Dramatic Drop in Insects Threatens a “Catastrophic Collapse of Nature’s Ecosystems”

Dragonfly photo by Chris Luczkow

By: Amzad Ali, age 15

A recent study published in the journal Biological Conservation shows a steep and steady decline in insects. The study says that more than 40 percent of insect species are disappearing globally and a third of species are endangered. The main sources of this decline are industrial-scale, intensive agriculture and climate change. Industrial-scale agriculture is harmful to insects because of the use pesticides, as well as the destruction of natural habitats. The authors noted that organic farms had more insects but climate change is also contributing to the loss of insects.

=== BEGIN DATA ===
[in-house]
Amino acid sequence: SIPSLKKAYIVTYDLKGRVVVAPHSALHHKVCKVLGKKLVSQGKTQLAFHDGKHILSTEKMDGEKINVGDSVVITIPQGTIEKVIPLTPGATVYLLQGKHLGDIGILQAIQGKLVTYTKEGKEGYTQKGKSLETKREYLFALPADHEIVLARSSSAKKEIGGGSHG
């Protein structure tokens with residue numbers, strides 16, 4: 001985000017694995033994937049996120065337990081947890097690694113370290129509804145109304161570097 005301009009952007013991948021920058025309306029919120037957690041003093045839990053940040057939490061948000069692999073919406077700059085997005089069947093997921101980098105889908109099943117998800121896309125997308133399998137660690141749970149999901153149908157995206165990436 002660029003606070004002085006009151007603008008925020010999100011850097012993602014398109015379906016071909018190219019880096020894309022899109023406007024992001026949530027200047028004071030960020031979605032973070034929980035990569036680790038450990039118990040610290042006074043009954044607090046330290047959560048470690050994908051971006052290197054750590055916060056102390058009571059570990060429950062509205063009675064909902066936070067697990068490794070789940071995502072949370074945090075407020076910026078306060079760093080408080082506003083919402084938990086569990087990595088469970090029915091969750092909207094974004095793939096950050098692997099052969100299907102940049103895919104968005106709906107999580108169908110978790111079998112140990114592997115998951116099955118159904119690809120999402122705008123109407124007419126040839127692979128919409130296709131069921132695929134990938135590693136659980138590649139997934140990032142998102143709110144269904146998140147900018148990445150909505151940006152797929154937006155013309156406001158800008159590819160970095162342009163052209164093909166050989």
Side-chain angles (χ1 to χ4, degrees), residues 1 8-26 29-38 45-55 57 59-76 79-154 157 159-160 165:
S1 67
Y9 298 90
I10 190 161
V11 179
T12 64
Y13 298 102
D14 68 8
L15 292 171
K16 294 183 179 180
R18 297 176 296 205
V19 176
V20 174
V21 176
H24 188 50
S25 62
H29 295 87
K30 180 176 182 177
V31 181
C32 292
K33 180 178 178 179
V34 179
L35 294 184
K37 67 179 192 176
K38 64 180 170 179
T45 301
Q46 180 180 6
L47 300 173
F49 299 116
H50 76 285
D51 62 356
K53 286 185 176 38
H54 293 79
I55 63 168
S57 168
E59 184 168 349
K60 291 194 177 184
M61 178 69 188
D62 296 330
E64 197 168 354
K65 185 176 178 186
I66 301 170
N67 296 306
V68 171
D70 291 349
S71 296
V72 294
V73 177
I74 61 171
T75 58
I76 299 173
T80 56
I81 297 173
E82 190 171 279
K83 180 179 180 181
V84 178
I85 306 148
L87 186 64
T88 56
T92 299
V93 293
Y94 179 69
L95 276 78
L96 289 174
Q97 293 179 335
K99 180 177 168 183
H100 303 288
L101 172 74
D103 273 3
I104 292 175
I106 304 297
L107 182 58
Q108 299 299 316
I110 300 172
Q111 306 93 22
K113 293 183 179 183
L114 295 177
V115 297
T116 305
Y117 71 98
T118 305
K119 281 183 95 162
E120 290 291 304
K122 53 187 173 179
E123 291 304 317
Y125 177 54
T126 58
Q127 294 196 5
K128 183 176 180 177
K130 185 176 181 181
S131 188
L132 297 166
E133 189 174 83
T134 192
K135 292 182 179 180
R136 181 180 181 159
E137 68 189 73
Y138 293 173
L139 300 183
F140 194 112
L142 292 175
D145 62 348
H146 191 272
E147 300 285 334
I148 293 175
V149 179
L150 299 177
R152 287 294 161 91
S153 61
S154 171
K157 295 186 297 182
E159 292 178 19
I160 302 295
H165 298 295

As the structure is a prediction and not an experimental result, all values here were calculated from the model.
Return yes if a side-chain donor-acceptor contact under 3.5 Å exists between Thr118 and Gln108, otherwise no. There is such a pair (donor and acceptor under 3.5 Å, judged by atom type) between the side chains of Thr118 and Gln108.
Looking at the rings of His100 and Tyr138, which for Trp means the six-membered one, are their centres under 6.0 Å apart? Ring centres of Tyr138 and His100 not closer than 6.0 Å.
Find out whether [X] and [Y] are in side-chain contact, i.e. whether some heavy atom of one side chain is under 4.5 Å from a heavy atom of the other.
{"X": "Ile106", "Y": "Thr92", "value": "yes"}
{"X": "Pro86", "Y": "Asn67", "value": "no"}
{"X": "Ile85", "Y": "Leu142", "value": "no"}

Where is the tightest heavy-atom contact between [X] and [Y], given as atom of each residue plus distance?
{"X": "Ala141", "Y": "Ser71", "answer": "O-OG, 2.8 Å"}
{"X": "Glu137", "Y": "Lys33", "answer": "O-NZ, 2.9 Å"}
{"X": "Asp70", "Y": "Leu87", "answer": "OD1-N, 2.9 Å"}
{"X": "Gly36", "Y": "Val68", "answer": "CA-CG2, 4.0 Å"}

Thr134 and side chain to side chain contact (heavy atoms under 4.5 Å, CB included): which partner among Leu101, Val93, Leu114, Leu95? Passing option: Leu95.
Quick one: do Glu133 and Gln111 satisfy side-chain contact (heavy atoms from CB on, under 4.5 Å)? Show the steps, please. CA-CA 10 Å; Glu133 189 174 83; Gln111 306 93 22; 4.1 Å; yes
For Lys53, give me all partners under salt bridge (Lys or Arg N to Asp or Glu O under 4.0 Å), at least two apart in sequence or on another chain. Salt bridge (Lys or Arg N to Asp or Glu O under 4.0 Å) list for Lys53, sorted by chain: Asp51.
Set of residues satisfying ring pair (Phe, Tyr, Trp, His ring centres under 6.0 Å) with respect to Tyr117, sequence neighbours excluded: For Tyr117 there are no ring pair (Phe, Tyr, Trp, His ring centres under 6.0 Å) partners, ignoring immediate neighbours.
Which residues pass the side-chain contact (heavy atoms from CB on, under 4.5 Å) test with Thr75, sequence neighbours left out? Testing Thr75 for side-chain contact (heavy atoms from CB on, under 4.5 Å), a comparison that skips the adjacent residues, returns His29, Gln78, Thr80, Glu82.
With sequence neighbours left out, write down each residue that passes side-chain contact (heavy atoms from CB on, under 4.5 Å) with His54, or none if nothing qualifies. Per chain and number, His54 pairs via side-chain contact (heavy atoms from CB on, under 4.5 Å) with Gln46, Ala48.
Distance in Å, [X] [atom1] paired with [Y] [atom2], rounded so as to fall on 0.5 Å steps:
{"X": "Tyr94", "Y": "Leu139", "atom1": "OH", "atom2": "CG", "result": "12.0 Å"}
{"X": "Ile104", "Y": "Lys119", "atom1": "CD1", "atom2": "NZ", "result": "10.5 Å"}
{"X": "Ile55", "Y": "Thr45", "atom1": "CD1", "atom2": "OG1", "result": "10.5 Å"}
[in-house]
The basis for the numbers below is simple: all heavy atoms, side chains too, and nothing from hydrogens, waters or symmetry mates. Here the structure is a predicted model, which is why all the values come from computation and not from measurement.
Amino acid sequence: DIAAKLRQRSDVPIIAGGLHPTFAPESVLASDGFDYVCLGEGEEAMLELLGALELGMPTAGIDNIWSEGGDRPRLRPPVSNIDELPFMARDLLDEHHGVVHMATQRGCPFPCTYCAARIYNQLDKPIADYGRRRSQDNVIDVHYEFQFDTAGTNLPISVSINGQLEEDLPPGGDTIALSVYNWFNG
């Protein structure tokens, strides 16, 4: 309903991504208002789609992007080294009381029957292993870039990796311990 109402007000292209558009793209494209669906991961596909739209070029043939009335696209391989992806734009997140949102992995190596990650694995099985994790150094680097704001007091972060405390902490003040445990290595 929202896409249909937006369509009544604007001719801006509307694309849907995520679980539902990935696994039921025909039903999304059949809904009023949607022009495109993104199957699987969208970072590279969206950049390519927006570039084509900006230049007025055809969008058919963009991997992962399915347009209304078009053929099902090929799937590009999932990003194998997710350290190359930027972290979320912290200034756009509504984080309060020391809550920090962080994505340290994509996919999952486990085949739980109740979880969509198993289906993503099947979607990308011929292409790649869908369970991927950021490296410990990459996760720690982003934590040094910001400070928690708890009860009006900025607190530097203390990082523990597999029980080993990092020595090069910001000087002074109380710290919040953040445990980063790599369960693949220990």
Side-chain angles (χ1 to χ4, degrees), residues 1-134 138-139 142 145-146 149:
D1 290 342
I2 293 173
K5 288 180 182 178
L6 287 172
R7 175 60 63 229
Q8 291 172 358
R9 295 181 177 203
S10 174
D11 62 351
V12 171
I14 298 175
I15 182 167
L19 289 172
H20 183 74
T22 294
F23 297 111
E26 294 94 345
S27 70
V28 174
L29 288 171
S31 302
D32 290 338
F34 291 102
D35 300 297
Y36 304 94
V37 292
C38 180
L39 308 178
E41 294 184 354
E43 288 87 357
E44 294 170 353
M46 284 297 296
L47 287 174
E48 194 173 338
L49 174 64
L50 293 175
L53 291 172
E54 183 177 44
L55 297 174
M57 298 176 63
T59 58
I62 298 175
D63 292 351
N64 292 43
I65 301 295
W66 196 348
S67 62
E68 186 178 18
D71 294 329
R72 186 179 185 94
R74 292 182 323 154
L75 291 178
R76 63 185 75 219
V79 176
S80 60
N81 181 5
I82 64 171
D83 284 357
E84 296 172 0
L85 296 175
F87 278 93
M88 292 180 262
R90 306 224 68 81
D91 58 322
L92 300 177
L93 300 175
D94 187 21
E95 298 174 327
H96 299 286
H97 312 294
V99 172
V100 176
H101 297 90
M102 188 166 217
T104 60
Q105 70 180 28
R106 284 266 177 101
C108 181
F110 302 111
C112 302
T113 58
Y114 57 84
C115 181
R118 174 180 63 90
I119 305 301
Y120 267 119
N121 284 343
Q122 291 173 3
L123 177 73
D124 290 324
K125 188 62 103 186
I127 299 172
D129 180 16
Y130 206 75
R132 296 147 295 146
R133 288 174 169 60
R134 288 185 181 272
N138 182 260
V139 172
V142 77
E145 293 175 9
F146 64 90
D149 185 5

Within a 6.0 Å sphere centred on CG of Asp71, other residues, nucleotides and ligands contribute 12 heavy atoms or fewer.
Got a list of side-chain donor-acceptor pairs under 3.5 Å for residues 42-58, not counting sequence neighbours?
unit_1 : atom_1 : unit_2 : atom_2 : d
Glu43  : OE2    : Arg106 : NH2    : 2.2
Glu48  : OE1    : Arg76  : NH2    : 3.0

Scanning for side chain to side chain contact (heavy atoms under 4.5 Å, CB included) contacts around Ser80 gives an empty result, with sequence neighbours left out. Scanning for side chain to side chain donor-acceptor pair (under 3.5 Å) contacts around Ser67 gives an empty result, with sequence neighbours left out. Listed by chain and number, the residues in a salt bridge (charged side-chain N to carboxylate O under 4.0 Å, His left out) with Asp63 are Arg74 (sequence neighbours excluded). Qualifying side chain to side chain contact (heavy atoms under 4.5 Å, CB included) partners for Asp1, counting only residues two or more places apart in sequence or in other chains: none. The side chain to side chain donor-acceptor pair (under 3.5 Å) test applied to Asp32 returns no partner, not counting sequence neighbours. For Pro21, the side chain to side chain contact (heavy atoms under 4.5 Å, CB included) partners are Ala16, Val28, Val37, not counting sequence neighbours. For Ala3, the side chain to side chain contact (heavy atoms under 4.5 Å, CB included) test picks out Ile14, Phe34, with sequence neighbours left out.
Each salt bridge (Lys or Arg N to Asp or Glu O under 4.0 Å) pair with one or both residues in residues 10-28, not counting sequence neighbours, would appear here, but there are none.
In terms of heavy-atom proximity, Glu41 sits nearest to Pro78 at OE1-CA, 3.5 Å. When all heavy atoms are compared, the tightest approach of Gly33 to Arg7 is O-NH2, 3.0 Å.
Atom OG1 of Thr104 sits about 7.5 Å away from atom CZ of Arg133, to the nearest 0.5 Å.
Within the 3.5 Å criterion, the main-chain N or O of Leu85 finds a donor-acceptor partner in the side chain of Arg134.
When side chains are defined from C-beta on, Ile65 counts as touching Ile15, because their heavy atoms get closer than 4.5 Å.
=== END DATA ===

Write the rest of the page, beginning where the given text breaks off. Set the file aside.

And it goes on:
Other species have been affected by this decline, as insects play a key role in all ecosystems—as food for other creatures, pollinators and recyclers of nutrients. Animals such as reptiles and birds, that feed on insects, will have a limited or no food supply, leading to starvation and death. The study’s co-author, Francisco Sánchez-Bayo, an environmental biologist at the University of Sydney, Australia, told The Guardian, “If insect species losses cannot be halted, this will have catastrophic consequences for both the planet’s ecosystems and for the survival of mankind.”

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